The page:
Sir Thomas James Nelson, solicitor

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Thomas James Nelson, of Hampton Wick, Middlesex, the City Solicitor, upon whom her Majesty Queen Victoria was pleased to confer the honour of knighthood, was the eldest son of Thomas Nelson, of Mark House, Walthamstow, Essex, by his marriage with Louisa, daughter of Richard Mullens, of Farningham Kent, and was born on 18 October 1826.

He was educated at the City of London School, and at the College of Saxe-Coburg, in Germany. Returning to England, he was admitted a solicitor in Michaelmas Term in 1848, and is a member of the Incorporated Law Society of the United Kingdom. He formerly practised in Finsbury Circus, and was for a few years in partnership with William Lowless. Sir Thomas Nelson was appointed City Solicitor in 1862, when he relinquished private practice. He held this post of City Solicitor until his death.

It was during this time that the litigation concerning the ownership of Epping Forest began, and it was largely owing to Mr. Nelson's knowledge that the City Corporation were able to acquire the Forest for the benefit of the public in 1876. It was while residing at Mark House in Walthamstow that Mr. Nelson gained his intimate knowledge of the Forest, and his fine work was recognized by the conferment of the knighthood which he received at Windsor Castle on 21 April 1880. Thomas had definite views about marketing, and is quoted as saying "we may put everything that is possible to put in an Act of Parliament, but you will never make an English people go marketing, they will always go shopping."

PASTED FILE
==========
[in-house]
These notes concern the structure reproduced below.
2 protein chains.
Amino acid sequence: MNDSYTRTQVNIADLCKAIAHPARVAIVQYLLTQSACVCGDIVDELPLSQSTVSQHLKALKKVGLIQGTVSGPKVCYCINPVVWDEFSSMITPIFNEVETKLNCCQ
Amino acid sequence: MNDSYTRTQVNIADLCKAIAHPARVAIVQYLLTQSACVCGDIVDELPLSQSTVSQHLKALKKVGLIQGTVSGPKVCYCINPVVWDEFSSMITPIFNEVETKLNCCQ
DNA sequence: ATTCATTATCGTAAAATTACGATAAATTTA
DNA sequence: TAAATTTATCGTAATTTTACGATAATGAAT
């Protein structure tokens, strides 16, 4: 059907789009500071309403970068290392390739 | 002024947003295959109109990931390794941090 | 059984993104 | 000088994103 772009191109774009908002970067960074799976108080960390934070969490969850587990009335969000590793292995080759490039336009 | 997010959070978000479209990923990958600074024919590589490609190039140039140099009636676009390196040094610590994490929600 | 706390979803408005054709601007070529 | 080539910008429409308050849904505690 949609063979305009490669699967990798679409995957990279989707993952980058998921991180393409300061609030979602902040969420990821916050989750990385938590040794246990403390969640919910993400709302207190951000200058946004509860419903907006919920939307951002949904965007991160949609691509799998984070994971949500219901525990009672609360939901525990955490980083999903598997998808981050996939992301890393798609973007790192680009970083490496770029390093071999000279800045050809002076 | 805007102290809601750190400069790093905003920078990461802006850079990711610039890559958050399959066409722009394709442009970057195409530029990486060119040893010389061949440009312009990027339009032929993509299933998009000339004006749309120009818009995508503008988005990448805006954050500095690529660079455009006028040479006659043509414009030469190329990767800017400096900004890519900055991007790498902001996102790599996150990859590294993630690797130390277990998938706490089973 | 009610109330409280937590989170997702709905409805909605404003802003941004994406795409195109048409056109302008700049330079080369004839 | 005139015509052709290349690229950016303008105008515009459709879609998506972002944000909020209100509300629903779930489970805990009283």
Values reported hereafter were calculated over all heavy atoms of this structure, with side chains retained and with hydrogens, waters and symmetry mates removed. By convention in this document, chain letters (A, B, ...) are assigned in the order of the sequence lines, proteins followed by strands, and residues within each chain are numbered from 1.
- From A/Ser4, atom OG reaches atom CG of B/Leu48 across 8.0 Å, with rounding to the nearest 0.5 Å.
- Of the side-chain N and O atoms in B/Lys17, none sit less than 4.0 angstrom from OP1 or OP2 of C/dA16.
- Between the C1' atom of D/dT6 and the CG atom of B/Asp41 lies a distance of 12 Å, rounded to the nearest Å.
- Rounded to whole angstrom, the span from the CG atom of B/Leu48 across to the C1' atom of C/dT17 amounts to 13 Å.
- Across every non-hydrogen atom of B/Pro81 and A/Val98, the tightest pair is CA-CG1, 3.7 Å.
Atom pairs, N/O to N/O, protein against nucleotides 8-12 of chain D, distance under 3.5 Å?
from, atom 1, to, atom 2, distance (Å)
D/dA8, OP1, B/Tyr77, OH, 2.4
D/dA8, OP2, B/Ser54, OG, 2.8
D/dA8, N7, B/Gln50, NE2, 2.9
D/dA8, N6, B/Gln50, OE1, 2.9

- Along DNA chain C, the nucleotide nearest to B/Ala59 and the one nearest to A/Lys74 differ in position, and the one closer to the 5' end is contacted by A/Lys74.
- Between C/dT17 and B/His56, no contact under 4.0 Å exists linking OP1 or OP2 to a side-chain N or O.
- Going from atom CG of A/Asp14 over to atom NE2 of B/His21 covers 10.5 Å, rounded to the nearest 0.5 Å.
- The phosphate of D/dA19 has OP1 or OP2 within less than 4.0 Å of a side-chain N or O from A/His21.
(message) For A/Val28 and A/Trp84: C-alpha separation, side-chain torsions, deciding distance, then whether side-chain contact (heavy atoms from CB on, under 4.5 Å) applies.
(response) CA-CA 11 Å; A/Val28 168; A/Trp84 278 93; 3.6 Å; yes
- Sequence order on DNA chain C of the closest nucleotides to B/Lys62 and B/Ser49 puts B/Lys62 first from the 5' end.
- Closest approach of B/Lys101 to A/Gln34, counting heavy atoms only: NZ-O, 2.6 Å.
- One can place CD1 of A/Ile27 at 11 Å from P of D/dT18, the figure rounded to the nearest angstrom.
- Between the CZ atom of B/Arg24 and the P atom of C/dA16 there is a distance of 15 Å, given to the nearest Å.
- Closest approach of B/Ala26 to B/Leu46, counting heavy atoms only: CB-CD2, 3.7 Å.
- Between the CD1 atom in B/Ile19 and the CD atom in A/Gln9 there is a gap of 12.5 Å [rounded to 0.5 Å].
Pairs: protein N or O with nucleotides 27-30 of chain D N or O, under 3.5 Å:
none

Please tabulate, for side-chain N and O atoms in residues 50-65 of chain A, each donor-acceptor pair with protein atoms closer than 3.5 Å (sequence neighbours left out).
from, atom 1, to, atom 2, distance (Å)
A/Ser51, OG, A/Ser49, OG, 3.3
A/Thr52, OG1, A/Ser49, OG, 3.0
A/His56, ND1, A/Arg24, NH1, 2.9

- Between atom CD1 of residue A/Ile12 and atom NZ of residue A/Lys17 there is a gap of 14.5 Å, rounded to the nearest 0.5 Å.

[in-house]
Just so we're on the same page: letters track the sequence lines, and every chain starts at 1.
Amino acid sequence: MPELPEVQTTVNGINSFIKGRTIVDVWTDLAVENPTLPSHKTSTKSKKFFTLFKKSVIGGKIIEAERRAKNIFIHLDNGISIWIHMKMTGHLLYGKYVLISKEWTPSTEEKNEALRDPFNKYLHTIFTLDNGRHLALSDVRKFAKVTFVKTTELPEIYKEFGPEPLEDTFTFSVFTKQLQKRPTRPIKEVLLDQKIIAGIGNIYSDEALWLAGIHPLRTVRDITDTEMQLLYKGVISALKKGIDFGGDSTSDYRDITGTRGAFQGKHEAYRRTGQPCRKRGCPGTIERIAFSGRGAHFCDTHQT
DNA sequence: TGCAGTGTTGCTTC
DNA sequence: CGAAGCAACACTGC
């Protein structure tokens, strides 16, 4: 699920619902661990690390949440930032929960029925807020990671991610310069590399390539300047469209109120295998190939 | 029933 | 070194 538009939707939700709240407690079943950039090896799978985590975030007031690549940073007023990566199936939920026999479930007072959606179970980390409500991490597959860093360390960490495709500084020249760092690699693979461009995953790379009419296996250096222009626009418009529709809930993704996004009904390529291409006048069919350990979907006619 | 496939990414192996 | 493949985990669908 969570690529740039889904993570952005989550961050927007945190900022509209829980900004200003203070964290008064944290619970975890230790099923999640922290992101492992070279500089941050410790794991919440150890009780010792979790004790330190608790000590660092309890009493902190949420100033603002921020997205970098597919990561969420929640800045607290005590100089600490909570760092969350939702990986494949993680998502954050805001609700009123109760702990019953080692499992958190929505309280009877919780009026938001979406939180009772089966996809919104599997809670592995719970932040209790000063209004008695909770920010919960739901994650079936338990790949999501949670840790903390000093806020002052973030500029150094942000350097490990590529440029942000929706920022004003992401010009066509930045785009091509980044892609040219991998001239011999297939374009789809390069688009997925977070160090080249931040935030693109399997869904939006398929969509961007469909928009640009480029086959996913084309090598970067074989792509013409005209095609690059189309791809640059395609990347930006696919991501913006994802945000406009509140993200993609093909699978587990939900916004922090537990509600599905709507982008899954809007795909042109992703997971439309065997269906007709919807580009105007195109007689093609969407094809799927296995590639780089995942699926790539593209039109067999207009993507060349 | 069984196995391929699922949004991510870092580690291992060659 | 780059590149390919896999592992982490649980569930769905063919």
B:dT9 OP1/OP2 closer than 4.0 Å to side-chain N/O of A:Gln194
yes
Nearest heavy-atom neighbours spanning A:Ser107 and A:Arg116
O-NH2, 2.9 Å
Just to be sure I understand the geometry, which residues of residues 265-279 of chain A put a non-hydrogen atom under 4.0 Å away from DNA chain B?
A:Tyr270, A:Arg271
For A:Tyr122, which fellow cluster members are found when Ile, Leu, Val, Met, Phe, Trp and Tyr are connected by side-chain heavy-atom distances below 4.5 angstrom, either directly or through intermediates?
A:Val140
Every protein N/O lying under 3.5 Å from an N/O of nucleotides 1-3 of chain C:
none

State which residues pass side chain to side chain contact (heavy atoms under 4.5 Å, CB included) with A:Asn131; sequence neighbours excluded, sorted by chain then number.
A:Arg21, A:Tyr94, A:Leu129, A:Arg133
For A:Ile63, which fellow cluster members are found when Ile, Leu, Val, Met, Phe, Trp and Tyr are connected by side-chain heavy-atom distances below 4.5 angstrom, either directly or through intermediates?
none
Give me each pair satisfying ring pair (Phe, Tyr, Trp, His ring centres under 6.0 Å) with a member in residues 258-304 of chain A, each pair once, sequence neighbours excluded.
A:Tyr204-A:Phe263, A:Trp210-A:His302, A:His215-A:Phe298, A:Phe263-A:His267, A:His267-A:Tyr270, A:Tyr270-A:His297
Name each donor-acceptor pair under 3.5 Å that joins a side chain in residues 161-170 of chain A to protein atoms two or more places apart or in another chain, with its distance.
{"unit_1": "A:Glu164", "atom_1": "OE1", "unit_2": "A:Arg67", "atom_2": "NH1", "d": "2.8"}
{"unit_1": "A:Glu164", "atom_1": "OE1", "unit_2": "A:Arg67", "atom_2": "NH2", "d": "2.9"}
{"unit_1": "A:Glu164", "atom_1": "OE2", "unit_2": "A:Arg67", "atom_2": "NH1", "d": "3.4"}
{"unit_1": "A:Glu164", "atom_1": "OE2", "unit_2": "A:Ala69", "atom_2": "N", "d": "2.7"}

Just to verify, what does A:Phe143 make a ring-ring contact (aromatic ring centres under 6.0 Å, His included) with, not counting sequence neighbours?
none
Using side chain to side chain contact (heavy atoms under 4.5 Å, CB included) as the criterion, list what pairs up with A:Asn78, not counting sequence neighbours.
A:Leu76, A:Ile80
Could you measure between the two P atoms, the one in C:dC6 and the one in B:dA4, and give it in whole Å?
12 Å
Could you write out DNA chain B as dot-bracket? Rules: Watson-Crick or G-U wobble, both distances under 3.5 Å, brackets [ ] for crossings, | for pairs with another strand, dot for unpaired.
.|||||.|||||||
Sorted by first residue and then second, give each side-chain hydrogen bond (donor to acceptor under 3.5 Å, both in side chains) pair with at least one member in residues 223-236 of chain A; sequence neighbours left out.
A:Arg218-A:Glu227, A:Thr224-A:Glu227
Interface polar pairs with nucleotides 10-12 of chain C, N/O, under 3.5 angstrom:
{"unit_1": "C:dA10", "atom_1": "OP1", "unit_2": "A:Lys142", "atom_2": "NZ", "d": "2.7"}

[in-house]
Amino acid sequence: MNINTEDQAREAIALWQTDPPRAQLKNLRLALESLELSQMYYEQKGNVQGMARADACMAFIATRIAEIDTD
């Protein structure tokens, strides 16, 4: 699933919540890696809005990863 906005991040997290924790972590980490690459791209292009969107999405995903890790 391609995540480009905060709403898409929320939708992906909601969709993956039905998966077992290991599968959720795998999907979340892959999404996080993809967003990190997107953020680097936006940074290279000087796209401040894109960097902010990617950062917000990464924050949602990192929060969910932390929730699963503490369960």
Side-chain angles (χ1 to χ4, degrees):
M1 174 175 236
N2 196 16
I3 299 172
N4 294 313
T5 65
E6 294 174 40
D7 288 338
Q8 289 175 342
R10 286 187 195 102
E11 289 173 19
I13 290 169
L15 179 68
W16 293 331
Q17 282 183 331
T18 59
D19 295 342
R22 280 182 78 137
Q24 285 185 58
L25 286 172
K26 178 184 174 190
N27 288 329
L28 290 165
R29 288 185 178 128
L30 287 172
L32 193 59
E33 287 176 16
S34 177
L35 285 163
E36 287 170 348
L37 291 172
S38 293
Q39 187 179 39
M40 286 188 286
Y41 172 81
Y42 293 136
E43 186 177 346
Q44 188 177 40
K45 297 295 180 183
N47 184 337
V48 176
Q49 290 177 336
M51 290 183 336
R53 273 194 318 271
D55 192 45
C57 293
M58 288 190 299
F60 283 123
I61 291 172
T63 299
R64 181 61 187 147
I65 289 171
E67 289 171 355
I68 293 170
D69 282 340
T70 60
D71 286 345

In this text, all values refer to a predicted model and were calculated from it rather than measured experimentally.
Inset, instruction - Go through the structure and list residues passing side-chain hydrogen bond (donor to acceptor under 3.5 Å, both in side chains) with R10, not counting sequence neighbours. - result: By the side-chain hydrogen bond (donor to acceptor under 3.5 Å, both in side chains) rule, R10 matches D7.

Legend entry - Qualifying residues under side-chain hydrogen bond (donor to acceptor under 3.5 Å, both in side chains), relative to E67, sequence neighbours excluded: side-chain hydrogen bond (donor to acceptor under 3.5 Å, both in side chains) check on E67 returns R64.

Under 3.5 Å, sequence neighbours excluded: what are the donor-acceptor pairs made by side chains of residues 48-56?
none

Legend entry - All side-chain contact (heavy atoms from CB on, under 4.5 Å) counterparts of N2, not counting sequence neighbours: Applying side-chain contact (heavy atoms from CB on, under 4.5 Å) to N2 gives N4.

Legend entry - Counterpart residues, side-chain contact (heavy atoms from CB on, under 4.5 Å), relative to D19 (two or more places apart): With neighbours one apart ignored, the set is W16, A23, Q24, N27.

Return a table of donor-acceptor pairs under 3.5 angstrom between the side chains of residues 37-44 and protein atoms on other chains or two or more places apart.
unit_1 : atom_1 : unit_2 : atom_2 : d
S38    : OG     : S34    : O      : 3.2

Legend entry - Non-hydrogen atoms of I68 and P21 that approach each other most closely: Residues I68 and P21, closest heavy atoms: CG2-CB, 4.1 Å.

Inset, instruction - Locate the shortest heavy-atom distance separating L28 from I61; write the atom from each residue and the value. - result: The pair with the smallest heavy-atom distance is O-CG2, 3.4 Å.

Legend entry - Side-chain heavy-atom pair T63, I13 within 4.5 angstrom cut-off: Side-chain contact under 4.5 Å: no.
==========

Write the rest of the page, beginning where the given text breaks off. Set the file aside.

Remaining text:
He was one of her Majesty‚Äôs Commissioners of Lieutenancy for the City of London, a magistrate for the borough of Kingston-upon-Thames, chairman of the Lower Thames Valley Main Sewerage Board, and of the Local Board of Hampton Wick. Sir Thomas married, in 1850, Jemima Louisa Mullens, only daughter of William Herbert Mullens of Broom Hall, Teddington, Middlesex. He died 7 February, 1885, and is buried in Teddington Cemetery (Section Fc, grave number 218). There is a monumental inscription in St. Peter's Churchyard, Walthamstow to the memory of his father who was born 13 March, 1799, and died 16 May 1883.


His grandson 2nd Lieutenant Ernest Bertram Nelson served with the Indian Army Reserve of Officers, attached to 1/8 Battalion Gurkha Rifles. He was an Exhibitioner of Wadham College, Oxford and of Corpus Christi College Cambridge, graduating in 1912. After joining the Officer Training Corps, he served with the Calcutta Light Horse in 1913. 

In January 1915, Lt Nelson transferred to Queen Victoria's Own Corps of Guides before being attached to the Gurkha Rifles. He served in Mesopotamia in 1916 and participated in the capture of Kut and Baghdad. Lieutenant Nelson was killed in action, aged 26, at Mushaidie on 15 March 1917.

He is commemorated on the Basra Memorial in Iraq.


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